Zoekresultaat: 6 artikelen

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Jaar 2014 x
Artikel

Access_open The Experience of Legal Injustice

Tijdschrift Netherlands Journal of Legal Philosophy, Aflevering 3 2014
Trefwoorden legal injustice, legal subject, law and morality, Fuller, Arendt
Auteurs Wouter Veraart
SamenvattingAuteursinformatie

    This paper shows that Fuller and Arendt converge on a different point than the point Rundle focuses on. What Fuller and Arendt seem to share in their legal thoughts is not so much an interest in the experience of law-as-such (the interaction between responsible agency and law as a complex institution), but rather an interest in the junction of law and injustice. By not sufficiently focusing on the experience of legal injustice, Rundle overlooks an important point of divergence between Arendt and Fuller. In particular, Arendt differs from Fuller in her conviction that ‘injustice in a legal form’ is an integral part of modern legal systems.


Wouter Veraart
Wouter Veraart is Professor of Legal Philosophy and Director of Research at the Free University Amsterdam; w.j.veraart@vu.nl.

    In its ruling of June 12, 2014, the European Court on Human Rights (Grand Chamber) concluded that no violation of the right to private life and family life under the European Convention of Human Rights had taken place in the case of the non-renewal of an employment contract of a Roman Catholic teacher of religion and ethics. The reason for this non-renewal was the withdrawal of the required ecclesiastical approval of the teacher. According to the European Court, church autonomy prevailed in this case over the right to private life and family life of the teacher, a married priest with five children and an active member of an organization promoting voluntary celibacy. This contribution analyses and discusses the ruling of the ECHR, also in the light of the main dissenting opinion. It supports the Court’s conclusion, but criticizes some of its reasoning. It also states that regardless of the extent of church autonomy, a clear and correct procedural approach to employment issues also does honour ecclesiastical authorities.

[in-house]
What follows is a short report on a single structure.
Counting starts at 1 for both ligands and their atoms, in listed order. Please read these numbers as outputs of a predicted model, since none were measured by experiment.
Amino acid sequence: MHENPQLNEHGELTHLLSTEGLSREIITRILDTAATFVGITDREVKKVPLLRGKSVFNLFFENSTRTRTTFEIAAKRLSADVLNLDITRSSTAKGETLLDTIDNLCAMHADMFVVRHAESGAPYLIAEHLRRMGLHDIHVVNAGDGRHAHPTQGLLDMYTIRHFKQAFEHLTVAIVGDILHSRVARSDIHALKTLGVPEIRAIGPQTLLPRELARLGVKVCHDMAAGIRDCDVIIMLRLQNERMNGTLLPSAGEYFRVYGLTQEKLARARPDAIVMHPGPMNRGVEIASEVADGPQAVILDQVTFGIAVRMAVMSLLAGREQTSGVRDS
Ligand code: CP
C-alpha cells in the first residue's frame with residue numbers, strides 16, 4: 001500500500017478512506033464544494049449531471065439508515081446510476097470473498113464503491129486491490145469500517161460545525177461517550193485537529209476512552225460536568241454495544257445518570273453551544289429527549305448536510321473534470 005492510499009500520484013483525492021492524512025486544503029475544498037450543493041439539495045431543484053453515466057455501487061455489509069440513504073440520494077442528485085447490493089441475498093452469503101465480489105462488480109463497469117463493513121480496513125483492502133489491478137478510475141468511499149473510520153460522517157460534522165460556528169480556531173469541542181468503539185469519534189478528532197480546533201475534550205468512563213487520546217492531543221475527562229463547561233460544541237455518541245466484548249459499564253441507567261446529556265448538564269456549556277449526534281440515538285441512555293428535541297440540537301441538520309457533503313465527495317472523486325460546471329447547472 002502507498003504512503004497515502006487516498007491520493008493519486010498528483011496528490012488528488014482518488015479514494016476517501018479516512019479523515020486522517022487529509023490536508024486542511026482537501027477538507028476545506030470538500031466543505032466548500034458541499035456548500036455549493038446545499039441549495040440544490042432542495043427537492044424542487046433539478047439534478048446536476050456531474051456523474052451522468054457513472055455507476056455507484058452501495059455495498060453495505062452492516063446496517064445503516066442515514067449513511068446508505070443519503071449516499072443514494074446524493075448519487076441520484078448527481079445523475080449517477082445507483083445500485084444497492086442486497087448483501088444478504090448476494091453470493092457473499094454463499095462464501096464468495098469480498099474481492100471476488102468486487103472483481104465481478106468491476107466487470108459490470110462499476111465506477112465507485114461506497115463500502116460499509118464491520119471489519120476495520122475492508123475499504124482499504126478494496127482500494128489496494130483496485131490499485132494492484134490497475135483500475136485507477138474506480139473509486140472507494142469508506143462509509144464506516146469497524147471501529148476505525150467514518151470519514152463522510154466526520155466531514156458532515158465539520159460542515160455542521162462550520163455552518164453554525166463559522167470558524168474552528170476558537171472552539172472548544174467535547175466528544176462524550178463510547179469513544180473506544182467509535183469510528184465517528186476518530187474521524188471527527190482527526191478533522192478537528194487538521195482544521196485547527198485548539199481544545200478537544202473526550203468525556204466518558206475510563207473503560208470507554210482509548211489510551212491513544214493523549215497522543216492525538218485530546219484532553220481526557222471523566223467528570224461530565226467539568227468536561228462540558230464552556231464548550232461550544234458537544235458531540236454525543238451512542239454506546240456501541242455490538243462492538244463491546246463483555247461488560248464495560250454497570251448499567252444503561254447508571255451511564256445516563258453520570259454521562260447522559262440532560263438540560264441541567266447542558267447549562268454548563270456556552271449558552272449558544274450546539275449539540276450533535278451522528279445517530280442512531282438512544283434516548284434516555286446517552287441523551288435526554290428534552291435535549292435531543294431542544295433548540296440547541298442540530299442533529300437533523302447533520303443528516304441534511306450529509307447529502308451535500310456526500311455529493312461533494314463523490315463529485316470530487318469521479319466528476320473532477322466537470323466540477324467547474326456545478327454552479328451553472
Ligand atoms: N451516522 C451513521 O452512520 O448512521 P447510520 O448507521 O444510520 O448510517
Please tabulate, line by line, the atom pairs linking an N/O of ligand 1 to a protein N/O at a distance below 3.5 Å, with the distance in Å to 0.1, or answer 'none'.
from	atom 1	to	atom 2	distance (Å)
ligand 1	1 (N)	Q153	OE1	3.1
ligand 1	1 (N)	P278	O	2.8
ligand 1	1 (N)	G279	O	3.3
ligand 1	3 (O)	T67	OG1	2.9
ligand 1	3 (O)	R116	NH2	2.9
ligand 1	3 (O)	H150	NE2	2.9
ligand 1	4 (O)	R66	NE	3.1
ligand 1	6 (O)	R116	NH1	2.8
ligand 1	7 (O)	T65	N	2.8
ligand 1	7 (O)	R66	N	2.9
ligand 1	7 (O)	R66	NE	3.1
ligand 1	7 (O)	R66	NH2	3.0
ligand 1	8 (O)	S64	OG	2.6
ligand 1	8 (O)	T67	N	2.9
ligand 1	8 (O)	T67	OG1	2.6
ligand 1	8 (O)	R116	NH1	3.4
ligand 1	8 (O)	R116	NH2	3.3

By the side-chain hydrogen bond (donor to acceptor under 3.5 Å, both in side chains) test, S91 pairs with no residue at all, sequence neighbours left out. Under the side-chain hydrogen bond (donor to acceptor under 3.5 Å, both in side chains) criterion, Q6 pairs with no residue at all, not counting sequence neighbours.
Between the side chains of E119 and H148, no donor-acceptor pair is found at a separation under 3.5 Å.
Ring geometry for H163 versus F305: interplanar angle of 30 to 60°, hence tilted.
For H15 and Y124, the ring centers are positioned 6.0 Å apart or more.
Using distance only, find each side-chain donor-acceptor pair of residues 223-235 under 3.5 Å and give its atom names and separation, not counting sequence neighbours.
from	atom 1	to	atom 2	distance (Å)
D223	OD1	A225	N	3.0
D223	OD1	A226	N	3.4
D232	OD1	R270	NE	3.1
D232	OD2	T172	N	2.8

Prof. dr. Sophie van Bijsterveld
Prof. dr. S.C. van Bijsterveld is bijzonder hoogleraar Religie, rechtsstaat en samenleving aan de Universiteit van Tilburg. Zij is redactielid van het Tijdschrift voor Religie, Recht en Beleid.
Artikel

Access_open Introduction: Reciprocity and the Normativity of Legal Orders

Tijdschrift Netherlands Journal of Legal Philosophy, Aflevering 2 2014
Trefwoorden reciprocity, normativity
Auteurs Prof. Dr. Hans Lindahl PhD en Bart van Klink
SamenvattingAuteursinformatie

    This contribution introduces the special issue, which contains a selection of the lectures delivered by key-note speakers during the Summer School organized by the editors in August, 2013, at the behest of the Section of Ethics & Practical Philosophy of the Dutch Research School of Philosophy (OZSW).


Prof. Dr. Hans Lindahl PhD
Hans Lindahl is Professor of Legal Philosophy at Tilburg University.

Bart van Klink
Bart van Klink is Professor of Legal Methodology at the VU University Amsterdam.
Artikel

Access_open Private law as an open legal order: understanding contract and tort as interactional law

Tijdschrift Netherlands Journal of Legal Philosophy, Aflevering 2 2014
Trefwoorden contract law, Fuller, informal law, pragmatism, rules versus standards
Auteurs Prof Sanne Taekema PhD
SamenvattingAuteursinformatie

    This article puts forward the claim that private law, and especially contract and tort, is the area of law that most clearly shows how law depends on social interactions. Taking its cue from Lon Fuller, interactional law is presented as a form of law that depends on informal social practices. Using tort and contract cases, it is argued that this implies that law is in open connection to moral norms and values, and that law cannot be understood without taking into account people’s everyday reciprocal expectancies.